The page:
Friday, July 26, 2013

Friendship in Curaçao: The Ugly (Part III)

This is Part III of the series Friendship in Curaçao: The Good, The Bad, The Ugly, The Sad.

If ex-pat socialization is so damn limited, why not get some non-ex-pat friends? Join the local communities?

Ah, dushi grasshopper. Befriending Antilleans is easier said than done.

Let me be clear on something: I have Antillean friends. Awesome people, all of them, and all as different from each other as the ex-pats themselves. Curaçao has been a melting pot since the Spanish discovered it back in the XVI century, so it's only to be expected that the "locals" are, too, as mixed a population as the new arrivals waiting for audience in the halls of Immigration. Portuguese, Venezuelan, Dutch, Dominican, German, Colombian--and of course, African. In essence, I suppose, the people we ex-pats call "local" have, like the Mayflower descendants, just been here longer. And Curaçao doesn't have any Cherokees or Mohicans to claim primacy--the Arawak indians that populated the Caribbean were enslaved, relocated to wherever labor was needed, and in all likelihood, exterminated. And to think the Pope sanctioned that.

I digress. The point was, I think, that I have Antillean friends. But I've lived in Curaçao ten years. Yes, TEN. I've earned the right, through my permanence, to be considered for the position.

Think of it. These locals went to school here, their families live here, their friends, friends of their parents, friends of their friends... They have lives--real ones, not the ex-pat version. Their friendship mechanics are, like the rest of the world's, a matter of cultivation. Ask any farmer, any lab tech: cultivation takes time.

For Antilleans, investing in a friendship with an ex-pat is kind of like falling head over heels for someone who's on the first flight out to Timbuktu tomorrow. It could happen--oboyoboy--but you know it's going to end badly. Antilleans understand, better perhaps than we ex-pats do, the temporal nature of our Curaçao stint.

If you live anywhere with a lot of tourists or immigrants, you can probably sympathize. Man, foreigners are annoying! They get lost, they disrupt traffic, they don't know street names or local landmarks, they don't speak the language (although in Curaçao, as I've mentioned before, language isn't as big an issue as in other, more linguistically limited countries), they need their hands held for everything... Foreigners just don't get it. Foreigners don't get us.

I've experienced two ways, broad-stroke, that Antilleans use to deal with the foreign invasion. One: actively promote integration--as in, whenever I'm required to interact with you, it's my duty as a citizen to teach you, so... I'll only speak Papiamentu to you, okay?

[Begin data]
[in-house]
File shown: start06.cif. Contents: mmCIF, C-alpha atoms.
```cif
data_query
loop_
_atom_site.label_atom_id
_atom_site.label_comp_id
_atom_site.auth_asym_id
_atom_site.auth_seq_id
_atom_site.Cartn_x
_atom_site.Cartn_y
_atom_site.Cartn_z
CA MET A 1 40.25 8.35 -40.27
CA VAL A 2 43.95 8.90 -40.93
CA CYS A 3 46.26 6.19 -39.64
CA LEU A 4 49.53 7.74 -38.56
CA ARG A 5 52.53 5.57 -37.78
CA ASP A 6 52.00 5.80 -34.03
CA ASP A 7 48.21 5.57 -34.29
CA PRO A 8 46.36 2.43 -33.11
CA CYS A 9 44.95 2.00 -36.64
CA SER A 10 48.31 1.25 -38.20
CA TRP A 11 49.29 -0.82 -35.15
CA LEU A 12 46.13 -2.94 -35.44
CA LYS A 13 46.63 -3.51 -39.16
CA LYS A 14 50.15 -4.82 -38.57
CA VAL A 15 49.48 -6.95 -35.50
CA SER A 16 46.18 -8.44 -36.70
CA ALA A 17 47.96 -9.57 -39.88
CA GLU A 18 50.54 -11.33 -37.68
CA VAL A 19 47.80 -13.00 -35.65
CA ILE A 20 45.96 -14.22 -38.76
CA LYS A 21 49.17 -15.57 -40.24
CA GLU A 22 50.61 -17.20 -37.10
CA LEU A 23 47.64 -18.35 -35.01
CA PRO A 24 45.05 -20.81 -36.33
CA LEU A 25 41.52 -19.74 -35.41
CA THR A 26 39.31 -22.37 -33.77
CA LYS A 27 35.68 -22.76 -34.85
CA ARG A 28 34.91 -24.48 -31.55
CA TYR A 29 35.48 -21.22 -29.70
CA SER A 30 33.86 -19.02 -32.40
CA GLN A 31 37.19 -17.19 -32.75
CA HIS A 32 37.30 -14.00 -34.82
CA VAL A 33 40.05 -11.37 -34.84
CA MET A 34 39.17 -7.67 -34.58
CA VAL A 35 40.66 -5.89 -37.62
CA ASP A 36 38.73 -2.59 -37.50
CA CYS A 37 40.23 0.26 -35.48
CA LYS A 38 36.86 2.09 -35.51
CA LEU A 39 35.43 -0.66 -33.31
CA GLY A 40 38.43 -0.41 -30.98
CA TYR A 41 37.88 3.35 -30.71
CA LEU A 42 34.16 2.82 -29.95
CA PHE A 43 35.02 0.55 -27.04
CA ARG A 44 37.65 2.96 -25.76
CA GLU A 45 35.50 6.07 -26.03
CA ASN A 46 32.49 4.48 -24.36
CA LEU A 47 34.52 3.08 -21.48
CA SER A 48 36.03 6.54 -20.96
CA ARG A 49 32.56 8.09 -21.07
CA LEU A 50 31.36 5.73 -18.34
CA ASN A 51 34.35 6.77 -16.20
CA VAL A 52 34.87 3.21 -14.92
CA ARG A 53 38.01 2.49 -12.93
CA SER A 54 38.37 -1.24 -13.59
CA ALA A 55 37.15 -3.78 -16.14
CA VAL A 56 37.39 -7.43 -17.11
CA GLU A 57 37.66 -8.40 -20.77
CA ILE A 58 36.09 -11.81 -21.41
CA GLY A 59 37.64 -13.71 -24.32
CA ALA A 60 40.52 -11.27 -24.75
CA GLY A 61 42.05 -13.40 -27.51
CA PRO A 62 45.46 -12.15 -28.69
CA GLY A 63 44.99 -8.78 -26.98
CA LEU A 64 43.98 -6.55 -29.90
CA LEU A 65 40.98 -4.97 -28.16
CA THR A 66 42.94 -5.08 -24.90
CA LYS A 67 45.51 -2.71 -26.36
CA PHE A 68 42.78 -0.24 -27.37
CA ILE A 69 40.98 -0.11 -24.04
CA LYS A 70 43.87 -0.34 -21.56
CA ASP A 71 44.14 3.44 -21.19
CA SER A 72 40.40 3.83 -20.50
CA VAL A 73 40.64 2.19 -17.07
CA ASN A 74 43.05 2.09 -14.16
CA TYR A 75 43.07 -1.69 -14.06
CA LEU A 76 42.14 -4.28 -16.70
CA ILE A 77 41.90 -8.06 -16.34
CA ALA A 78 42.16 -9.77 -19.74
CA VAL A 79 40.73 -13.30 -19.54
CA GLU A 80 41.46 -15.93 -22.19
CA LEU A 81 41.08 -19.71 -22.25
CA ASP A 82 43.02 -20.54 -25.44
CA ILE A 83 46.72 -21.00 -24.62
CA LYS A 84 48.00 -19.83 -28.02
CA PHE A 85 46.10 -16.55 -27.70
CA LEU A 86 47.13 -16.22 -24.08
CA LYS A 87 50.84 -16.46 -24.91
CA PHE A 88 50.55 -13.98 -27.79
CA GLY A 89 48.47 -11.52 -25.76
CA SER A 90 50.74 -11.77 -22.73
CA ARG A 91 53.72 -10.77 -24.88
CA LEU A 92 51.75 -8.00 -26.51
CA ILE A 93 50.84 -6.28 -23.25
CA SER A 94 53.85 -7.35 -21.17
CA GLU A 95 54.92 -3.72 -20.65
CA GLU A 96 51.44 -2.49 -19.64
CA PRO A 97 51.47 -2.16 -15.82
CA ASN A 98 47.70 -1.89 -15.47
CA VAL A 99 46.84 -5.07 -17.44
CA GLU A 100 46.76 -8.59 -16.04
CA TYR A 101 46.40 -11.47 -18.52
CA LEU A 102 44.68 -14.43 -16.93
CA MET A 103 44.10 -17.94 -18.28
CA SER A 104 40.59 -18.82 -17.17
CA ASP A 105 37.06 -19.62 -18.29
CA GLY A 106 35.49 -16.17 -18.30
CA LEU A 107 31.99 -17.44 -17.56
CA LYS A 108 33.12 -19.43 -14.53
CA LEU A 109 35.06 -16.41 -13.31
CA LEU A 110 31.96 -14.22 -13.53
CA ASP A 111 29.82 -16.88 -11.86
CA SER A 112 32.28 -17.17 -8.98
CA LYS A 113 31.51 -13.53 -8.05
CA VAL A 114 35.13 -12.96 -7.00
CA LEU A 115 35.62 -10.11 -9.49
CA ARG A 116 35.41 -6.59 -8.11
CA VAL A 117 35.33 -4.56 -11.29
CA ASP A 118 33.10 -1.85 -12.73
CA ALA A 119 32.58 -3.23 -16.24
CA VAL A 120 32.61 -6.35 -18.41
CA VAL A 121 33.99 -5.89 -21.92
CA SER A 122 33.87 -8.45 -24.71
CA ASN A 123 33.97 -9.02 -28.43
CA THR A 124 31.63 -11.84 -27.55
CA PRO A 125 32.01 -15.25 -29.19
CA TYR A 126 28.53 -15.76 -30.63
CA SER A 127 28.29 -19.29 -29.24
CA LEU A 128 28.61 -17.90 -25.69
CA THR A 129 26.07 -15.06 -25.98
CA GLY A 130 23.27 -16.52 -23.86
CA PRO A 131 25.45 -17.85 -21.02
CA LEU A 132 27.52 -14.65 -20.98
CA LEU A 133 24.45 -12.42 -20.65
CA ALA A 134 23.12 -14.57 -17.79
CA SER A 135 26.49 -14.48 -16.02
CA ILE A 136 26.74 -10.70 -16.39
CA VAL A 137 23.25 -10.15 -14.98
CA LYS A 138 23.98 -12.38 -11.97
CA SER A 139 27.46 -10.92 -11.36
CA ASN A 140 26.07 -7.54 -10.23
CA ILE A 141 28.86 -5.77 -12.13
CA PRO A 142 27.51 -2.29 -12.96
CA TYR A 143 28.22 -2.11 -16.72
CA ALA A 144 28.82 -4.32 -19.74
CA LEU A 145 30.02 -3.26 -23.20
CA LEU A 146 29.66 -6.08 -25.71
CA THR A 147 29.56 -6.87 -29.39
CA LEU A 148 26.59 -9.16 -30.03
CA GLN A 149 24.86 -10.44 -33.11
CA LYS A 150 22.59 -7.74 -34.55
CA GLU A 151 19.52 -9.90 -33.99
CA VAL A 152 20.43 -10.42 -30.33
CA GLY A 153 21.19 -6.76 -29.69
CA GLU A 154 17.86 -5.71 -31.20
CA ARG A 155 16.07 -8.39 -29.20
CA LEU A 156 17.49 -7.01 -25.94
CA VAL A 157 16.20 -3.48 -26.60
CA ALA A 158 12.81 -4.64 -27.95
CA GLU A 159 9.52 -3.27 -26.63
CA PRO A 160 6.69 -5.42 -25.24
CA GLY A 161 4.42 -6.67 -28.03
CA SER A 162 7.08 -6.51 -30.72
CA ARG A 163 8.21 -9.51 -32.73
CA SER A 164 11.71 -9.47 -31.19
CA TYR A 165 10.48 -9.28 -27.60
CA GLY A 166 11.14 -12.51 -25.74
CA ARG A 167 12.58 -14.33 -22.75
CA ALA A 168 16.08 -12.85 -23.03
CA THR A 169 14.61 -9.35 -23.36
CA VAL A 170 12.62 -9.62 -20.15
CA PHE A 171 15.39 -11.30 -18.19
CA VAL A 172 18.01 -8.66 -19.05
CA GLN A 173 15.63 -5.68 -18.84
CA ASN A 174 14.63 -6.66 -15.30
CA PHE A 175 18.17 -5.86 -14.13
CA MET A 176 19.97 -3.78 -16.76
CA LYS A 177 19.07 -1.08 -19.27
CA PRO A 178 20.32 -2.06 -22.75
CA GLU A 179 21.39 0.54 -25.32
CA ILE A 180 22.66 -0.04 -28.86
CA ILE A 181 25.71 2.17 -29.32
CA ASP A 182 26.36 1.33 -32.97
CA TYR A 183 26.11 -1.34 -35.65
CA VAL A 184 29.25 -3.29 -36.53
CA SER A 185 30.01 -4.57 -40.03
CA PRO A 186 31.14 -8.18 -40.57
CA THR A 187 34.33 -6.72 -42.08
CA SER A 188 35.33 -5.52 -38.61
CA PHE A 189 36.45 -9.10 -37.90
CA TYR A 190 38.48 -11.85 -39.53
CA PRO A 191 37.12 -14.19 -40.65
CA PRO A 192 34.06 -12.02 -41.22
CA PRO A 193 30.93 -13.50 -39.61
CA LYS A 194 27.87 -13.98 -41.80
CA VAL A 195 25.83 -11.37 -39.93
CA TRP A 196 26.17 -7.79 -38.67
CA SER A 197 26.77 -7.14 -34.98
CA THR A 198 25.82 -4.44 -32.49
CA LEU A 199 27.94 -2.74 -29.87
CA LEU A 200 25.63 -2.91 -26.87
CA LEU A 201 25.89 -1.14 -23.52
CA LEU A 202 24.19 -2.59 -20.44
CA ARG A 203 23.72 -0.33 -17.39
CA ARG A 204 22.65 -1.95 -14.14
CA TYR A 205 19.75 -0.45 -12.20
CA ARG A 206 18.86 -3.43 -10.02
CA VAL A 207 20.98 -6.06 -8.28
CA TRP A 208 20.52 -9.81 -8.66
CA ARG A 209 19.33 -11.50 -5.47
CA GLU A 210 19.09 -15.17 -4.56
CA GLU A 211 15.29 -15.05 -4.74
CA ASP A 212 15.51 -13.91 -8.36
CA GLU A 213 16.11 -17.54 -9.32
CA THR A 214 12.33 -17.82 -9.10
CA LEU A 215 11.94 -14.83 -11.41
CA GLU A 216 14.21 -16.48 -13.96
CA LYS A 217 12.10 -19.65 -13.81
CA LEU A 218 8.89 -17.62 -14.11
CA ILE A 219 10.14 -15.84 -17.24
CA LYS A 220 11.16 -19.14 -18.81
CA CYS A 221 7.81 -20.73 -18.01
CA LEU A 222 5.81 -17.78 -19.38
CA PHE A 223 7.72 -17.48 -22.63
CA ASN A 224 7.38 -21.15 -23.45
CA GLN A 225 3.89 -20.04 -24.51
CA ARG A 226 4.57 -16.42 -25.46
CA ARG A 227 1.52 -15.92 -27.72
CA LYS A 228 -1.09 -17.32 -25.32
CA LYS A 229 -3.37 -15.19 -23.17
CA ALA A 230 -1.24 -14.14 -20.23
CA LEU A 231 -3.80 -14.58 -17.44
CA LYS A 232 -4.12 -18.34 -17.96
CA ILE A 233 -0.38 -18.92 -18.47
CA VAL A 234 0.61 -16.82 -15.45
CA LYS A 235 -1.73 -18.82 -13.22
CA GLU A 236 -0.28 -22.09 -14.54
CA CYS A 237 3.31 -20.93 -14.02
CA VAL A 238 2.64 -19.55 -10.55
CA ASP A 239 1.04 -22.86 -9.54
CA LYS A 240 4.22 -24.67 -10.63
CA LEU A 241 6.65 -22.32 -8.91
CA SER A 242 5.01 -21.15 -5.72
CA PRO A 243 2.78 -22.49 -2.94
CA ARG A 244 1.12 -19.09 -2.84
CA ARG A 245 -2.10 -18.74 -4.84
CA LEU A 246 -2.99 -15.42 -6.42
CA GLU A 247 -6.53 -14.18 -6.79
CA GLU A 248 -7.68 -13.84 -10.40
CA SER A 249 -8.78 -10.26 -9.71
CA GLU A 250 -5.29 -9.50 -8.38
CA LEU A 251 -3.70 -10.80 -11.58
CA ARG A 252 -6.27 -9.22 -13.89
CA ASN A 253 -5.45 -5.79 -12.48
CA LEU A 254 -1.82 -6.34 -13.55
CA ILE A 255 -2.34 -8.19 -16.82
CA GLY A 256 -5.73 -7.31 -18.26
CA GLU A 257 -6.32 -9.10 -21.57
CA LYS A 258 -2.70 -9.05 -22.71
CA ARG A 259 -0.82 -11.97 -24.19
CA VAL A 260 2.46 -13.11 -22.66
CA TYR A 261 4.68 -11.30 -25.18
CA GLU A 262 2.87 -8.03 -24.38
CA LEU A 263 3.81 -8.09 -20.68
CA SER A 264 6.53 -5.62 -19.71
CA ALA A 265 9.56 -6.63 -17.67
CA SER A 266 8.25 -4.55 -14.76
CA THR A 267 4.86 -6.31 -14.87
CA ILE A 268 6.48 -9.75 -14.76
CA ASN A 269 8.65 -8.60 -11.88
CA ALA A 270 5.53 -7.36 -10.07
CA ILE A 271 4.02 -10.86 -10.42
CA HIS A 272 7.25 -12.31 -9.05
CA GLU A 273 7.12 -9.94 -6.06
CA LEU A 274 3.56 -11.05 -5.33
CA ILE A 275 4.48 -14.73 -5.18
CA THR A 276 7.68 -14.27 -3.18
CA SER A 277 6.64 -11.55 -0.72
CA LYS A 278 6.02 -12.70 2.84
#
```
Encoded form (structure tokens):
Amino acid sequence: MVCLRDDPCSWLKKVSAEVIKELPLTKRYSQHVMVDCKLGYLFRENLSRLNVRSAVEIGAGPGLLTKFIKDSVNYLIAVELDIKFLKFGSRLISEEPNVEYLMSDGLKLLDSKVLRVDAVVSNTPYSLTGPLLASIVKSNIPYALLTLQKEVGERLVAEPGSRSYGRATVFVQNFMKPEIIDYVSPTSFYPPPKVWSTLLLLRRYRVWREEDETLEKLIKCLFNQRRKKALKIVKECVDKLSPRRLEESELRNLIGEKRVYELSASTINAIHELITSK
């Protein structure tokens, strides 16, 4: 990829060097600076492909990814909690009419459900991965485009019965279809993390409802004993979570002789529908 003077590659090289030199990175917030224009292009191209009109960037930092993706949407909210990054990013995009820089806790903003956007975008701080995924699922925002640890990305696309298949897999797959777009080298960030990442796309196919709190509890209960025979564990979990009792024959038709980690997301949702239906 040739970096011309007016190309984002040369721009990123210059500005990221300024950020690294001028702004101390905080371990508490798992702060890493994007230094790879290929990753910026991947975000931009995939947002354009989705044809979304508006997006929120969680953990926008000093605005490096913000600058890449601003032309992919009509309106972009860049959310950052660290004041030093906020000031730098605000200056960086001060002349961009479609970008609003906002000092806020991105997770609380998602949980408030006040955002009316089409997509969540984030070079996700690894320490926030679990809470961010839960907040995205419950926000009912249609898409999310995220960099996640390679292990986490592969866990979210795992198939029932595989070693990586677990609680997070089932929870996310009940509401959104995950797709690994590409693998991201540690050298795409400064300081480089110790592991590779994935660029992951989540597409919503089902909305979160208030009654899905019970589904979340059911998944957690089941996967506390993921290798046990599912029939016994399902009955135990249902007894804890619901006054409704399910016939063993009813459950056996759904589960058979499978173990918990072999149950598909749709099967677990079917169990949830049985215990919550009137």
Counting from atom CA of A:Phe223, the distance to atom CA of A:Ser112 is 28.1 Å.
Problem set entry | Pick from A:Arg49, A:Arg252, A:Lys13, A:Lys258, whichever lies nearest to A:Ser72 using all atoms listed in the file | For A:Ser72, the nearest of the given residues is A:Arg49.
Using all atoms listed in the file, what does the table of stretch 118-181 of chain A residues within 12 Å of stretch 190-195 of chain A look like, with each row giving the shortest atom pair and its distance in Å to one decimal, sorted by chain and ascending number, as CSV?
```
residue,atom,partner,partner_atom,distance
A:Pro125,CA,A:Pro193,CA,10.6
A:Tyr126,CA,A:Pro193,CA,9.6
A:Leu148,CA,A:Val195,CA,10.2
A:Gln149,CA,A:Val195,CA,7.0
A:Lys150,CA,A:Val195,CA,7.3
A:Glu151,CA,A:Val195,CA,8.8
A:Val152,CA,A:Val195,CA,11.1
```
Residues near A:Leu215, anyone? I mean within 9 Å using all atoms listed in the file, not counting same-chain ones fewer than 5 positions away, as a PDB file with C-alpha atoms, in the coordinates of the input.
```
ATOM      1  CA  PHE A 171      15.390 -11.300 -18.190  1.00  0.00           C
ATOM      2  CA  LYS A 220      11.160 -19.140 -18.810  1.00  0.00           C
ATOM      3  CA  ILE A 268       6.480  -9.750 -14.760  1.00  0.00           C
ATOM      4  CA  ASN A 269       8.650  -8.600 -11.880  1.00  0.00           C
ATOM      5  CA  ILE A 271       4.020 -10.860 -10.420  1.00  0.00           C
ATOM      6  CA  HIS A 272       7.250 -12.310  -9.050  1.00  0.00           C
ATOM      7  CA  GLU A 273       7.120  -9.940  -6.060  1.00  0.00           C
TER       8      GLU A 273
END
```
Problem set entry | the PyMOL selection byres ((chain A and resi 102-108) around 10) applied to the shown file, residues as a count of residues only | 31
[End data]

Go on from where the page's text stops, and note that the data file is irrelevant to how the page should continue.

Two: ignore. They're friendly enough. But there's a line. You know, and they know (and you know that they know, and they know that you--) it's there.

Both attitudes have their good and not-so-good sides, and maybe some other time we'll get into them. After all, this is the general attitude all around the world to friendship. Taking into your heart, and home, someone who's leaving in a few months just isn't emotionally sensible.

In essence, though, this is the basic contrast that makes friendship within the ex-pat community here so remarkable. You don't speak my language? No reason why you should. We'll communicate in one we both speak, or a mix, or sign language. Or we'll drink lots of beer, which everyone knows develops the language centers of the brain. Your car broke down in the middle of the mondi? If can't get there myself, I'll find someone who can, and I'll do it now.

The mondi of Curaçao. Image
credit: Villa Indiana
This contrast is jarring, especially to newcomers, even more especially to those who've never been a part of an ex-pat community before. The Antillean attitude is what we expect, because, probably, it's the same attitude we've exhibited at one point or another towards foreigners in our own land. The ex-pat one is what surprises--and enchants.

1 comment :

  1. Interesting, Guilie. I know precious little about Curacao, so this is cool. Can't say I experience this removed attitude here (Californians nowadays are of many nationalities, and residents move between states often), but I do remember life back in Romania as a kid. There, we came in contact with visiting students from all over, especially Africa. We made some friends, but there was always a very cautious friendship in which, like you say, we didn't want to invest a whole lot of ourselves since the students were not going to be around long. Friendship has many facets, doesn't it?


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